There were 13 of you who would be recipients of the gift, meaning that the money that had come would be spread very thinly. But there was enough to get you through your first year – maybe two – and that was more than you could ask for. The centre was confident that more money would come as the years progressed, and you had faith in this conviction.

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Suddenly, you pop awake. The air around you is dry and grey. There is no blinding sun this time, as the blinds covering the window act as a blockade, restricting the golden rays from prematurely waking you. Rolling over, you realize that you are back in your own room, your own house, your own body.

Had that life simply been a dream? To you, maybe. But it is as much of a dream as it is a reality. The hardships you experienced, the uncertainty you felt, the hunger you saw; it all is more than truth to these children. As is the hope. The hope that God provides is realized by these children through Grace Orphan Care’s work.

Surging with thankfulness, the Malawian orphan stepped from the office into the orange glow of the setting African sun. Just this morning, the sun had been shining, but their future had been covered with shadows. Now, as they emerge from the doors of Grace, the centre that had cared for them for so many years, there was a sense of freedom that the orphan felt.

This gift had opened so many doors that had been considered permanently sealed shut, and while there is always a sense of anxiety about the future, a golden band of light was rising on the horizon for the Malawian orphan.

As always, 

Caitlin Arlene

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Are you ready for Mama?

Mama.

The first word that most children learn.

I was surprised to discover that the word is nearly the same in every language.  A quick Google search will bring up lists of translations: ‘Mom’, ‘Mama’, ‘Meme’, ‘Maman’ or ‘Mami’.  With slight variations, the word for Mother can be repeated across the globe and be understood by almost anyone.

Mama is also the title of my next book.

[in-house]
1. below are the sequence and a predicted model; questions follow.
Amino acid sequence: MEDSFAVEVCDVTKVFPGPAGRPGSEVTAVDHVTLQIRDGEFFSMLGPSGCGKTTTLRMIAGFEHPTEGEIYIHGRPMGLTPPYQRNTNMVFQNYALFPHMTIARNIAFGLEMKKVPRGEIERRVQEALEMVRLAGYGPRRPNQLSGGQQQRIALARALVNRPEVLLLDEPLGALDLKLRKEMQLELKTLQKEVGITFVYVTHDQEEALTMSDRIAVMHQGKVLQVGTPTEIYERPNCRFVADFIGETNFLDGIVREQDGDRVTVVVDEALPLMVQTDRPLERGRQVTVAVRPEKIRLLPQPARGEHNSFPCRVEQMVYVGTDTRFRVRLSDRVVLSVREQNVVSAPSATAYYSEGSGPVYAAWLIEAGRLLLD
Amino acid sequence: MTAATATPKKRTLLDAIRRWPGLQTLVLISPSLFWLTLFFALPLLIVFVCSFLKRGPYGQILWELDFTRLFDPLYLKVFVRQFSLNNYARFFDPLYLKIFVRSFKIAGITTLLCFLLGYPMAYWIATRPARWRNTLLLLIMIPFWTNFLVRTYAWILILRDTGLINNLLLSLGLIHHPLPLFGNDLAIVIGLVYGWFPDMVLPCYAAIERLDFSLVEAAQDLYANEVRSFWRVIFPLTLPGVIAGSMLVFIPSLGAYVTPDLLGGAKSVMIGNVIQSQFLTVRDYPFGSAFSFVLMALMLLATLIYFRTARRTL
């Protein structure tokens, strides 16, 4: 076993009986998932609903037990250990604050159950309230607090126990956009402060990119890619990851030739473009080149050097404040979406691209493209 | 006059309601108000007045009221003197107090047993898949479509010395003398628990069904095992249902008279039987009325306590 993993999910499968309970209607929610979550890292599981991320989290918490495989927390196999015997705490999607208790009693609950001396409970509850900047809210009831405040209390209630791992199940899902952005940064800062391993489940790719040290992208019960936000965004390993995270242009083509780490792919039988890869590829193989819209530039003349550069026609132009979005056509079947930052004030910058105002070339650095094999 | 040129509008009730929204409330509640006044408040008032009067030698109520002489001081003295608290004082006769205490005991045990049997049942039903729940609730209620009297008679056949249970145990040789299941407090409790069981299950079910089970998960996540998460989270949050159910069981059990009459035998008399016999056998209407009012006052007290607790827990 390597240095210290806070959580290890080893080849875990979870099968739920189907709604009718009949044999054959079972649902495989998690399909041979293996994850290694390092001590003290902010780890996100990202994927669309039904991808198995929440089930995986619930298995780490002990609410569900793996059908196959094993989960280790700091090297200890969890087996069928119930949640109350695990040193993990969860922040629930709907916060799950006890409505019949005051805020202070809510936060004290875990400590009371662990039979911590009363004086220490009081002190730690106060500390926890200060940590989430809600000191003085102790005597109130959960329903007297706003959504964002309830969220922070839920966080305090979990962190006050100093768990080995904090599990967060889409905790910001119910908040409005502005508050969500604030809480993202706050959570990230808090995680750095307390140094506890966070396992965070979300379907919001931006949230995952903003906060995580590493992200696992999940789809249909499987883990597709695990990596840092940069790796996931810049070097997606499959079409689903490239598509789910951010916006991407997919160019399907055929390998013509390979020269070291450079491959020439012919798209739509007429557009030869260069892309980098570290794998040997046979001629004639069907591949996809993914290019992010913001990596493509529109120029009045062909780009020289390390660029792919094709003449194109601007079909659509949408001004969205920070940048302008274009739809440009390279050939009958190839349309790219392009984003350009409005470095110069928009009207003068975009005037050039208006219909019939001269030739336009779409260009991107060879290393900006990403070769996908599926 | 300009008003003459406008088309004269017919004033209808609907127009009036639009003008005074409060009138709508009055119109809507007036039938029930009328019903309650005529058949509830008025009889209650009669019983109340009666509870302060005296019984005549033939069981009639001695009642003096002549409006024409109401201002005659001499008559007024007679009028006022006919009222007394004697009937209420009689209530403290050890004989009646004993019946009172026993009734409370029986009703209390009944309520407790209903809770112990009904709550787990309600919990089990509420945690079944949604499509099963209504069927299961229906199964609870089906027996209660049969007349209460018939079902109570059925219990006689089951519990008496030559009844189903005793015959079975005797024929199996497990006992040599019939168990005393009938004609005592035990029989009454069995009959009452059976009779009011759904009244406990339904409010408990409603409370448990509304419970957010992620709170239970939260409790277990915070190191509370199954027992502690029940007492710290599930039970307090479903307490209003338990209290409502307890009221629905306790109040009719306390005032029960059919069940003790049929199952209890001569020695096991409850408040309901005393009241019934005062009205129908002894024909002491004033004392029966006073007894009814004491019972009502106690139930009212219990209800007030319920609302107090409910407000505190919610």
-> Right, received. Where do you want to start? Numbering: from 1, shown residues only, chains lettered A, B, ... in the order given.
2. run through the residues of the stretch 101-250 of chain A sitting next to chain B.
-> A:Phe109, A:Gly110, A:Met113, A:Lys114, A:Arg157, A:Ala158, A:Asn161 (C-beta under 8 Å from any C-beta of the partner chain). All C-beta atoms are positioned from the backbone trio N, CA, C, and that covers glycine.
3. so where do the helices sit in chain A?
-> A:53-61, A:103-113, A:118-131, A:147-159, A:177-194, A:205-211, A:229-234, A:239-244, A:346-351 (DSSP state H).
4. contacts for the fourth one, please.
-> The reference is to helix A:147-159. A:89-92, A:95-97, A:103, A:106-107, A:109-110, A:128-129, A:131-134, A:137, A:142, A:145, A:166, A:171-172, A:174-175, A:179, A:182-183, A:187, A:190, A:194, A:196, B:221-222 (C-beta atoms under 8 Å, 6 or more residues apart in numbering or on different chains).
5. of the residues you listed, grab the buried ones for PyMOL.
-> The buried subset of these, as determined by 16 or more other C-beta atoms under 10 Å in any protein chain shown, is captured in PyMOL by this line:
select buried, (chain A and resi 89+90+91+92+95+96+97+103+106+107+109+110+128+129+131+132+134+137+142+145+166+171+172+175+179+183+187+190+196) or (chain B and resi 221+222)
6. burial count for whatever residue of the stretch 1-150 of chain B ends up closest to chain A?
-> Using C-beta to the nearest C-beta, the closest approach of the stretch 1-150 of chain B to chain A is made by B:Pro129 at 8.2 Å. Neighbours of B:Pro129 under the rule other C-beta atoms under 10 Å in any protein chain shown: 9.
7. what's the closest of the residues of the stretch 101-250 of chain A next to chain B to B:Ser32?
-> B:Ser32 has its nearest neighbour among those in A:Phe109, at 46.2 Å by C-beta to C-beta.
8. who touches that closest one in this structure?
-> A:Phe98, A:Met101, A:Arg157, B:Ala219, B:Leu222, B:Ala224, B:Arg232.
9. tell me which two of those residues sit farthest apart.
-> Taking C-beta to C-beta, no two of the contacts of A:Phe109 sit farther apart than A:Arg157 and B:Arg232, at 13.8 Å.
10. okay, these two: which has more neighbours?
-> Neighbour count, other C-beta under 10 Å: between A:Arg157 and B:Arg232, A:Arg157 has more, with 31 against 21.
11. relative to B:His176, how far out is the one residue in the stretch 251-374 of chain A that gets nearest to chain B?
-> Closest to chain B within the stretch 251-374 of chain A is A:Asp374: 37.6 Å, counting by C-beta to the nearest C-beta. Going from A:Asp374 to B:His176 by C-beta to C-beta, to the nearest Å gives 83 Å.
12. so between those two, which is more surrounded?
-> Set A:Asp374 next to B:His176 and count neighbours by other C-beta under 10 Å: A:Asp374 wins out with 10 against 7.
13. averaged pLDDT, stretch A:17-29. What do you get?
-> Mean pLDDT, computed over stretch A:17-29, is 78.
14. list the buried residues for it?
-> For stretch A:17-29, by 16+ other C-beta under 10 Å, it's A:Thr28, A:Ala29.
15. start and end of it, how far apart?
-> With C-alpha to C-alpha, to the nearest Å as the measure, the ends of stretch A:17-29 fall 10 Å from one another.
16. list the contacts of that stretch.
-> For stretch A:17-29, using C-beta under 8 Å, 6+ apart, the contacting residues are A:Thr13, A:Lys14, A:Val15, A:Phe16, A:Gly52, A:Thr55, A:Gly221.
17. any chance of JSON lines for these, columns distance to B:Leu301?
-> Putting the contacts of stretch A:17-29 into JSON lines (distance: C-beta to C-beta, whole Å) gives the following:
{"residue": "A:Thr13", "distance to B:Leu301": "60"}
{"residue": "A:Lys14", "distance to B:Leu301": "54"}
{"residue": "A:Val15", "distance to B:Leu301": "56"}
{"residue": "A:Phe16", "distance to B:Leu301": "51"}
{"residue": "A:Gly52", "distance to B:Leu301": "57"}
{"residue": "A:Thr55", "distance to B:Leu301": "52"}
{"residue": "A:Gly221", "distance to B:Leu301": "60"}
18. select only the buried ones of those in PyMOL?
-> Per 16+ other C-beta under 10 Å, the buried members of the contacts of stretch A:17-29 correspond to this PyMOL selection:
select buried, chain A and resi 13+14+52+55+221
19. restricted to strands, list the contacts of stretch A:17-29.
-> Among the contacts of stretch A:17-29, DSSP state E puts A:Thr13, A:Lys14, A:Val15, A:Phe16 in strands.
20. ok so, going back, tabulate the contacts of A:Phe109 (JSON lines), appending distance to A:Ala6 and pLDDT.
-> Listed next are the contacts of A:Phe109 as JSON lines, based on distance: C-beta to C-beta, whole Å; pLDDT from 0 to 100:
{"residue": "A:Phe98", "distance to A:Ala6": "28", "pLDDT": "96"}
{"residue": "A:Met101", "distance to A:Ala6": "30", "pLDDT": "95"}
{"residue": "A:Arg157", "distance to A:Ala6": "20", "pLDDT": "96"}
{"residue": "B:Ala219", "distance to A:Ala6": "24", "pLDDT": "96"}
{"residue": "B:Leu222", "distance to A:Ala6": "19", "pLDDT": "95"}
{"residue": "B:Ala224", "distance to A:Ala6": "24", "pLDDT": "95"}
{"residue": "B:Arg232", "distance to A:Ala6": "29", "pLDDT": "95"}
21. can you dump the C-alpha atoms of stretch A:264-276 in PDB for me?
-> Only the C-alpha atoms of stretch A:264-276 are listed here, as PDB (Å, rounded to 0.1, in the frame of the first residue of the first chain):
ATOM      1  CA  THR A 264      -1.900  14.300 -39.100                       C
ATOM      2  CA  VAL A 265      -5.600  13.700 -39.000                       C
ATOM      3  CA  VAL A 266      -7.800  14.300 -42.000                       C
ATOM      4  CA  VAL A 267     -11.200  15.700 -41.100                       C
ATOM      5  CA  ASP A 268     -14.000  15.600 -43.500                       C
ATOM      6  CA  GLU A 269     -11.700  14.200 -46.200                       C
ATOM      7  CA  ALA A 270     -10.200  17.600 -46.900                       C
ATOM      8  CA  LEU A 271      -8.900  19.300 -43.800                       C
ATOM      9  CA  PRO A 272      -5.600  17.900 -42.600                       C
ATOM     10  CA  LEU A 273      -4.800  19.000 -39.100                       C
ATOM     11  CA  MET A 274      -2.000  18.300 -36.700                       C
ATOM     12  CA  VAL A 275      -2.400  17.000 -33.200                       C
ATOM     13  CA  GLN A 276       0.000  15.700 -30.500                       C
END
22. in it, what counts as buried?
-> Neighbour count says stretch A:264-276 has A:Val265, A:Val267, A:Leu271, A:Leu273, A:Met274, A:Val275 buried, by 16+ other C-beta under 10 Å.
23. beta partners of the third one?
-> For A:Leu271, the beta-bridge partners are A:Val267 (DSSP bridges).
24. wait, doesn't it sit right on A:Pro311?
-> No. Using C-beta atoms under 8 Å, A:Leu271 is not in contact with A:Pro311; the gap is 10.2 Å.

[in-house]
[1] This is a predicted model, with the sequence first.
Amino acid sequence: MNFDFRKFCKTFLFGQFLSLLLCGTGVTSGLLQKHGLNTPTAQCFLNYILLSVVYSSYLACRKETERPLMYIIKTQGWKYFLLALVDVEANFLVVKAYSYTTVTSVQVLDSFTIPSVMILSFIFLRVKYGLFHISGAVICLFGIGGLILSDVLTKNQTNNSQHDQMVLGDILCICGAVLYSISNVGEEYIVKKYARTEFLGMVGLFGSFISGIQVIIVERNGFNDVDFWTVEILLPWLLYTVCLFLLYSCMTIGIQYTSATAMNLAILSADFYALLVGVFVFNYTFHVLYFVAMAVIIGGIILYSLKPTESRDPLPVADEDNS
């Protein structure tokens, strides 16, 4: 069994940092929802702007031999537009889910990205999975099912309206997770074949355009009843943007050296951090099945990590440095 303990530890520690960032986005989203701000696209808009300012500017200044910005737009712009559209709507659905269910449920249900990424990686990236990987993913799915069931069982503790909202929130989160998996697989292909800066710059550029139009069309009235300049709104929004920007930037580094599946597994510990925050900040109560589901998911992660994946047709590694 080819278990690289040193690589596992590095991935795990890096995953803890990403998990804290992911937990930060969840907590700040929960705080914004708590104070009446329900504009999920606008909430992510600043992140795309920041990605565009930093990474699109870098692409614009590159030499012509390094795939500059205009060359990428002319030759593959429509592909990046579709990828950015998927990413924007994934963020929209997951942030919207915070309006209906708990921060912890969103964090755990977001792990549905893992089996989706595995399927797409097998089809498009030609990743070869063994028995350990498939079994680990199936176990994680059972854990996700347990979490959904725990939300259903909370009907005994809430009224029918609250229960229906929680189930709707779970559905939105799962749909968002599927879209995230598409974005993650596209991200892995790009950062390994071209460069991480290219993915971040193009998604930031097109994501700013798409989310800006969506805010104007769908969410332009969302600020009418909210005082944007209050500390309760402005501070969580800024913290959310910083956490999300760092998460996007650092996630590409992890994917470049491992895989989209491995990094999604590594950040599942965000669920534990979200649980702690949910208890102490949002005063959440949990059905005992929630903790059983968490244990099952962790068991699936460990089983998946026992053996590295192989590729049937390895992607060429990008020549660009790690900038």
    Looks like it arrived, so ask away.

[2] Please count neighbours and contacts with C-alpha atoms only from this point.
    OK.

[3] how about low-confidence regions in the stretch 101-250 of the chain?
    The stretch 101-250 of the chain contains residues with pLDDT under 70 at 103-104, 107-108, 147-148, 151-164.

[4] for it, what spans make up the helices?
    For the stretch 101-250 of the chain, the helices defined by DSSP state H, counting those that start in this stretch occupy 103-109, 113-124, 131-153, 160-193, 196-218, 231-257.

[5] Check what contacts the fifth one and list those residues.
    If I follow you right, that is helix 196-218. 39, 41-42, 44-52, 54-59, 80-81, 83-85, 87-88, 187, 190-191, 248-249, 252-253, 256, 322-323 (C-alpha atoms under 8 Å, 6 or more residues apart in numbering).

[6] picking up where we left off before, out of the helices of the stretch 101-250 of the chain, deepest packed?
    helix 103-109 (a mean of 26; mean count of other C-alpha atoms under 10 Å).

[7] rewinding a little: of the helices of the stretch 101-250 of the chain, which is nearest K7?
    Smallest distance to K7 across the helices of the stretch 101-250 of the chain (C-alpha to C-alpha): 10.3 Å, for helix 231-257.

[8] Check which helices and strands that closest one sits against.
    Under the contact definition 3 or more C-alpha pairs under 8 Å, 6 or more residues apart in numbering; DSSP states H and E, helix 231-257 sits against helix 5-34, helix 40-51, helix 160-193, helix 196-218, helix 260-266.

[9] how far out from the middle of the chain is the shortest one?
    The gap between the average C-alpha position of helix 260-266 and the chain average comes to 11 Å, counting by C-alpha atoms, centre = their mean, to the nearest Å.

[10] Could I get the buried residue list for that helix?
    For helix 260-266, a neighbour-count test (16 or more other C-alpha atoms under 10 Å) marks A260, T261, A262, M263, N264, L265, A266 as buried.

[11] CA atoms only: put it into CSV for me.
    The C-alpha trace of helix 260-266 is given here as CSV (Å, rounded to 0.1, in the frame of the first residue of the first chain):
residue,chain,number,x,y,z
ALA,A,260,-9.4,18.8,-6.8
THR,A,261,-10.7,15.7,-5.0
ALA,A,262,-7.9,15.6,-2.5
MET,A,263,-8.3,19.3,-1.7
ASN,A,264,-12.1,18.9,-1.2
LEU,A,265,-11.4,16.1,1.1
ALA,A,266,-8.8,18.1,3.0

This book, still under construction, is going to share with you stories from mothers that you may have never considered before. Mama is going to take you to the doorstep of Bimbi Health Facility, specializing in Maternal, Newborn and Child Health in Malawi, Africa.

Until a few years ago, I had never before considered the challenges that women and infants in Africa face throughout pregnancy, birth and first years of life. I was introduced to the matter while working on an article for an NGO’s Maternal Health project, and the research I was uncovering broke my heart. How could young mothers and children really survive in these kinds of conditions?

According to the World Health Organization (WHO),

  • Approximately 830 women die every day from preventable causes related to pregnancy and childbirth.
  • 99% of these deaths occur in developing nations.
  • Almost all of these deaths occurred in low-resource settings, and most could have been prevented.
  • Skilled care before, during and after childbirth can save the lives of women and newborn babies.

They have been overlooked for so long. Their nutrition has gone unnoticed, their health care centers sit in lonely disrepair, their education forgot about and unprioritized. As Canada and the West developed their medical and birthing practices, we left Africa behind in the dust, and it’s only now that we are taking notice.

It is important to reveal these stories to a world so unaware of their existence. Stories of poverty, of childbirth, of suffering. Equally important are the stories of tragedy that are coupled with truth and healing.

The ones that are riddled with pain, yet plastered with hope. The ones that offer a solution to the tragedies that are hidden in the corners of the world. It is important to present this hope because it influences societies to react, to pursue the solution and to remedy the suffering.

This book is to be a lesson to a world who hasn’t yet noticed the mothers and children of Africa; this book is to be a megaphone for the mothers and children who haven’t had their voices heard.

As always, 

Caitlin Arlene